A baseline screening survey was conducted in November 2002. Study participants were primarily recruited using community-based outreach, with a supplementary method of snowball sampling as described elsewhere.10 Eligibility criteria for the cohort study included that participants must be HIV-seronegative, at least 18 years old, and have injected drugs at least once in the last 3 months. A total of 382 IDUs were screened: 2 persons did not meet eligibility criteria, 4 refused to participate (1.5% refusal rate), and 43 (11.3% prevalence rate, 95% CI: 8.2, 14.5) were HIV-positive and therefore were excluded. A total of 333 eligible and consenting IDUs were enrolled into the cohort of the prospective study. Participants were asked to come back to the study clinic for follow-up evaluation every 6 months. The study protocol was approved by the Institutional Review Board (IRB) of the Chinese Center for AIDS/STD Control and Prevention, and informed consent was obtained from the participants.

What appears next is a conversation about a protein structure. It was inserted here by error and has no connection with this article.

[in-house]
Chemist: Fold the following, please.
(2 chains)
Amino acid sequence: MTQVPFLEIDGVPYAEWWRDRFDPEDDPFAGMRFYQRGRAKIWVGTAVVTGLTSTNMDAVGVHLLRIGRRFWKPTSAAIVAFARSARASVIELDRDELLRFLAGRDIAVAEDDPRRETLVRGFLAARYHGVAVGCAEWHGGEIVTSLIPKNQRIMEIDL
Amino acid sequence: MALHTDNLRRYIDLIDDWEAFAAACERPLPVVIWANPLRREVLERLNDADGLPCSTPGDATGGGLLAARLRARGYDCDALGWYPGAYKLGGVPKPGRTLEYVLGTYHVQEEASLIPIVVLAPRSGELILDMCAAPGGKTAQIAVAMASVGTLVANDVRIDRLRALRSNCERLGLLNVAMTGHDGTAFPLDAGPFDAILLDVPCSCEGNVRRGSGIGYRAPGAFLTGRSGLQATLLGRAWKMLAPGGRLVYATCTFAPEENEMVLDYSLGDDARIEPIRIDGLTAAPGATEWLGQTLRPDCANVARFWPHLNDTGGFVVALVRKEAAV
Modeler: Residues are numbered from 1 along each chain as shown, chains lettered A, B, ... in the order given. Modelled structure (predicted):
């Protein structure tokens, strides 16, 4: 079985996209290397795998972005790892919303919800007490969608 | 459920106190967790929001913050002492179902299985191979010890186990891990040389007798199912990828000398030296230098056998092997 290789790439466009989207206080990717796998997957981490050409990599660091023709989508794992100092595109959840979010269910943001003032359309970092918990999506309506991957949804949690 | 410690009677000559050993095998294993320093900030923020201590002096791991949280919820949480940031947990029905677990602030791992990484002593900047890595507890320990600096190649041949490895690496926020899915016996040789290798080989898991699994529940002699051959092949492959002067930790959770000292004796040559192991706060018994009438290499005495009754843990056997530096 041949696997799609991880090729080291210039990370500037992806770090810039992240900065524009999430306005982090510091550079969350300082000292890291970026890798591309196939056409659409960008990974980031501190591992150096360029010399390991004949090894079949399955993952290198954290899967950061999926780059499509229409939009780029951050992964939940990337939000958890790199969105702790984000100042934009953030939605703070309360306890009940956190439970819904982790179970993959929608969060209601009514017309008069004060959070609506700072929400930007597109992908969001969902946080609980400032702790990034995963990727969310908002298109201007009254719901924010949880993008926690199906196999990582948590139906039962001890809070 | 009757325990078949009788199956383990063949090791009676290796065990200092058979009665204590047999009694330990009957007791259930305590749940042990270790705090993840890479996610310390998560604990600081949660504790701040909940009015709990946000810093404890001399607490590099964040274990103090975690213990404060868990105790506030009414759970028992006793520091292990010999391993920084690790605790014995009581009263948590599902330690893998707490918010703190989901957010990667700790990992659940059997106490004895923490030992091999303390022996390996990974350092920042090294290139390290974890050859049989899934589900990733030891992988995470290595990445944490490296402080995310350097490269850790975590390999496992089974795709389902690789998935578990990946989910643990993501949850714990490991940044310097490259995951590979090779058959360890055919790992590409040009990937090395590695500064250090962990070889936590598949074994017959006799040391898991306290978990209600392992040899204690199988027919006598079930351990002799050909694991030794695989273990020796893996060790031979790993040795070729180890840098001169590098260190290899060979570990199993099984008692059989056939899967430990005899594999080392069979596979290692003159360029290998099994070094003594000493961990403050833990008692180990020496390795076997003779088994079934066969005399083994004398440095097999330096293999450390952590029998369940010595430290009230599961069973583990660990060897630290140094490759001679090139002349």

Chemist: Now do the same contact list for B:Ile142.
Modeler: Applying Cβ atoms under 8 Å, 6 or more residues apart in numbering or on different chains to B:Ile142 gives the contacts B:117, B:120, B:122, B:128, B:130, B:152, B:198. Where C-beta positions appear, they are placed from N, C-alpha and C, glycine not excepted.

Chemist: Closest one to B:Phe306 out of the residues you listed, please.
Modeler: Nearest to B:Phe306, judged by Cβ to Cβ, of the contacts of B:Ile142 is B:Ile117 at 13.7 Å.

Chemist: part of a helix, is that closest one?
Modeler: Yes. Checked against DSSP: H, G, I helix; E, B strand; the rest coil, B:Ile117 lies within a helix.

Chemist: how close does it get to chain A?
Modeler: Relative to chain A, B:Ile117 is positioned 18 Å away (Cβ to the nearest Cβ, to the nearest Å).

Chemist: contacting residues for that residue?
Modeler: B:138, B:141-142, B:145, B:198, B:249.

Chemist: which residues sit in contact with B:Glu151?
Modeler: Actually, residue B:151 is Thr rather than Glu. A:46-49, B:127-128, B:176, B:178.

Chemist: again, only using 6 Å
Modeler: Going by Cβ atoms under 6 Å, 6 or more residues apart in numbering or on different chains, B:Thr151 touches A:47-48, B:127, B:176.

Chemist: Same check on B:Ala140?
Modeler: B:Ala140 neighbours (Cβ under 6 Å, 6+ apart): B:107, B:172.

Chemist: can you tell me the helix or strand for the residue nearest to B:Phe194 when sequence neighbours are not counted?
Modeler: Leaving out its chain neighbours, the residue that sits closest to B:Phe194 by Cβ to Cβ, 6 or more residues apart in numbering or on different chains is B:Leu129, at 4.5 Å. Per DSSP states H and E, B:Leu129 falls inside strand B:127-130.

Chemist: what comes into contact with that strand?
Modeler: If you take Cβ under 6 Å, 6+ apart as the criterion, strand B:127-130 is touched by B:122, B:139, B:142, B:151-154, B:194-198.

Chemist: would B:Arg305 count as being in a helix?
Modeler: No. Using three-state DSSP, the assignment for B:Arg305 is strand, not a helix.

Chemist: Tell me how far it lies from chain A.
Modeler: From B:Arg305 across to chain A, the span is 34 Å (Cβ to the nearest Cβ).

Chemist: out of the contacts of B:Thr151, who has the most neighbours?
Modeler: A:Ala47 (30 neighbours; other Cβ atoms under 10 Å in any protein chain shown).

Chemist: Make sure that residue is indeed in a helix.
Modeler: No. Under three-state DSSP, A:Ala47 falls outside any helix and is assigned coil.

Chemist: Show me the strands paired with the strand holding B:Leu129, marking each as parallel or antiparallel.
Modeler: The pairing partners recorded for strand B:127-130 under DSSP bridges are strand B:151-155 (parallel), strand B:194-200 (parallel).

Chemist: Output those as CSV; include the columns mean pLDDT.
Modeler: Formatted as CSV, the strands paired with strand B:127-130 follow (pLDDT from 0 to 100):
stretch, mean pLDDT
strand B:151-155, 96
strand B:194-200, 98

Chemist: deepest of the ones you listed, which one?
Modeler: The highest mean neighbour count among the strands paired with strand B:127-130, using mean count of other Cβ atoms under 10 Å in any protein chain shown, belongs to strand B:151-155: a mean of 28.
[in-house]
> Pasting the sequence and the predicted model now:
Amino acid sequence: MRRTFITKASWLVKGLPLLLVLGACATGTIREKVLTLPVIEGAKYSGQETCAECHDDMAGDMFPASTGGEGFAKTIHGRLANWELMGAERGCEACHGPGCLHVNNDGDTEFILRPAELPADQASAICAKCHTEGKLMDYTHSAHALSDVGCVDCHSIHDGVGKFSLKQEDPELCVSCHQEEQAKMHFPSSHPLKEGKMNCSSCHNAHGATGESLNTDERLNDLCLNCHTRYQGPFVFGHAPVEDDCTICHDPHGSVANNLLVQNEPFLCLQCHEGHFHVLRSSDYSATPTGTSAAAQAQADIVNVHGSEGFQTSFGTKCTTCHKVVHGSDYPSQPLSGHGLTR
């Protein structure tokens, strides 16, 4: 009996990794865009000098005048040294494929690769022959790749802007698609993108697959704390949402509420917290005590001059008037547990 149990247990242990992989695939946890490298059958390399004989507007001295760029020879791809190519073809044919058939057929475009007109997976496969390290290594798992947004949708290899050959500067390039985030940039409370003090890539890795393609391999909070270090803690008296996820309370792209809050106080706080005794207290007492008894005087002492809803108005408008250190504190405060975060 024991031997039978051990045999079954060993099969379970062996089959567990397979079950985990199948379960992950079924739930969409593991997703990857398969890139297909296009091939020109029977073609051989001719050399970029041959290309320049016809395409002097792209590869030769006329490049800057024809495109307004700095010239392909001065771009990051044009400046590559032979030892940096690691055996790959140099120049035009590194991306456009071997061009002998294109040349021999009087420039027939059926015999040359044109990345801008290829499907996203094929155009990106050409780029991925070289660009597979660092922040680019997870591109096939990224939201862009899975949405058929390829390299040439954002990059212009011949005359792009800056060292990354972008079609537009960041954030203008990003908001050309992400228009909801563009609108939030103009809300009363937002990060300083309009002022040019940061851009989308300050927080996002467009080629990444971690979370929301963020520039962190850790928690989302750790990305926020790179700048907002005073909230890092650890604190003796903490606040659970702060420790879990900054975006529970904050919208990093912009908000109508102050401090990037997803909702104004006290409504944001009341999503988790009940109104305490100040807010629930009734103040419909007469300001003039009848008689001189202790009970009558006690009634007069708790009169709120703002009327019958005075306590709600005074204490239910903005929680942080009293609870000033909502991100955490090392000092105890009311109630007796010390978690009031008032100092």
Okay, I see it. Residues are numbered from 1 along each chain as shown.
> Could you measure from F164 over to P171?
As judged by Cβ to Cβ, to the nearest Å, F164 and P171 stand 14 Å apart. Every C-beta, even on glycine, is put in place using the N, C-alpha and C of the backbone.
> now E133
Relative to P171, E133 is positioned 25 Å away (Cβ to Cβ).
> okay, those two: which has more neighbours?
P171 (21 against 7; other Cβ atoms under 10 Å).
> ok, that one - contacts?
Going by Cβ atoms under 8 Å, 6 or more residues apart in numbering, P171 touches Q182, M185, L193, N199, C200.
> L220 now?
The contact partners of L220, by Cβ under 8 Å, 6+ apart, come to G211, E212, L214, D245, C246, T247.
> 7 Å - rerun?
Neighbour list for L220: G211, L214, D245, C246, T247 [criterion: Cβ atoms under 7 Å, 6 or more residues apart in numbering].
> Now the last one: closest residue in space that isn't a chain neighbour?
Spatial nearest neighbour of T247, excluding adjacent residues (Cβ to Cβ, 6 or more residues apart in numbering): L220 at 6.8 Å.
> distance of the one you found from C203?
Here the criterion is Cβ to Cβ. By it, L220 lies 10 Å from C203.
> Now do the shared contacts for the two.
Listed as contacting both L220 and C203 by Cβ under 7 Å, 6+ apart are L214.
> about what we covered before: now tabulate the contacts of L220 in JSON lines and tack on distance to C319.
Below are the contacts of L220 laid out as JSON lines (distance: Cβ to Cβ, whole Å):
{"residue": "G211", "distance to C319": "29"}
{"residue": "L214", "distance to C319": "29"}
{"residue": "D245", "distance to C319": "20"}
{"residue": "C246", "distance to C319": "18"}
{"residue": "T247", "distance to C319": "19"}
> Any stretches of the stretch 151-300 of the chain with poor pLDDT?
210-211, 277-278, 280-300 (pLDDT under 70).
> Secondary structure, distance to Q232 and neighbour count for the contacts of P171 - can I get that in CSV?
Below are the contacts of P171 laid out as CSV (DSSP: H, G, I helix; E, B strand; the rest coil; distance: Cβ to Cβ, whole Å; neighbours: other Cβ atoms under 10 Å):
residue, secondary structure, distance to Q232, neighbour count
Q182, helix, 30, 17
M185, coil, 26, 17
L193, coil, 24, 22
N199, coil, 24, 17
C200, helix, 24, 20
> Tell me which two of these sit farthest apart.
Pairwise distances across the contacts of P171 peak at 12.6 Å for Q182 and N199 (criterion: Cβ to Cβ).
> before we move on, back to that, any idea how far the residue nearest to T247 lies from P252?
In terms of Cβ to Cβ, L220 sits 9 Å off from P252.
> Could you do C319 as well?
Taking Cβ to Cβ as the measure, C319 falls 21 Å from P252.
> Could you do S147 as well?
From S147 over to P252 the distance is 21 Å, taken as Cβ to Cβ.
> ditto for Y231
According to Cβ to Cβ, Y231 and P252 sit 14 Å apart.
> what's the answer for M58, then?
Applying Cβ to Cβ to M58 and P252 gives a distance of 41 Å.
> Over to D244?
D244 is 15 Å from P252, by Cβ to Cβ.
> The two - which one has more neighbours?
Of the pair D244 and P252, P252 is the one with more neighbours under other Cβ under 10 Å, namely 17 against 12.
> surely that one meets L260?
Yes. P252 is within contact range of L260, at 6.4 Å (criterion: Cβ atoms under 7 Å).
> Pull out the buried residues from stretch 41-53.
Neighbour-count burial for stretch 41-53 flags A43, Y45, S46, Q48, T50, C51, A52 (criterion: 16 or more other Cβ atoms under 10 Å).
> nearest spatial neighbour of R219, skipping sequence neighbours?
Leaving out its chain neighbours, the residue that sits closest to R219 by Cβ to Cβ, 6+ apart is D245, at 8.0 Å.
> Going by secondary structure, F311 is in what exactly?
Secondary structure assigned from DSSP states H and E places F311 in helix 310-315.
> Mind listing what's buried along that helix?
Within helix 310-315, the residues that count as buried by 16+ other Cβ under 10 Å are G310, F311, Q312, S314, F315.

Cohort Retention Plan
A written procedure was used in the hope of keeping high retention rates at follow-up visits. Every participant was asked to provide at least 2 different contact sources. This locator information was managed by the Participant Information File System (PIFS) software program. Whenever possible, the follow-up visits were to be scheduled on the “target date.” Appointment reminder procedures at every 6-month follow-up visit included the following:
1. Study staff sent a reminder letter or made a telephone call to the participant 2 to 3 weeks before the scheduled visit. Study staff also contacted the participant on the week of the scheduled study visit to confirm that the participant planned to keep the appointment.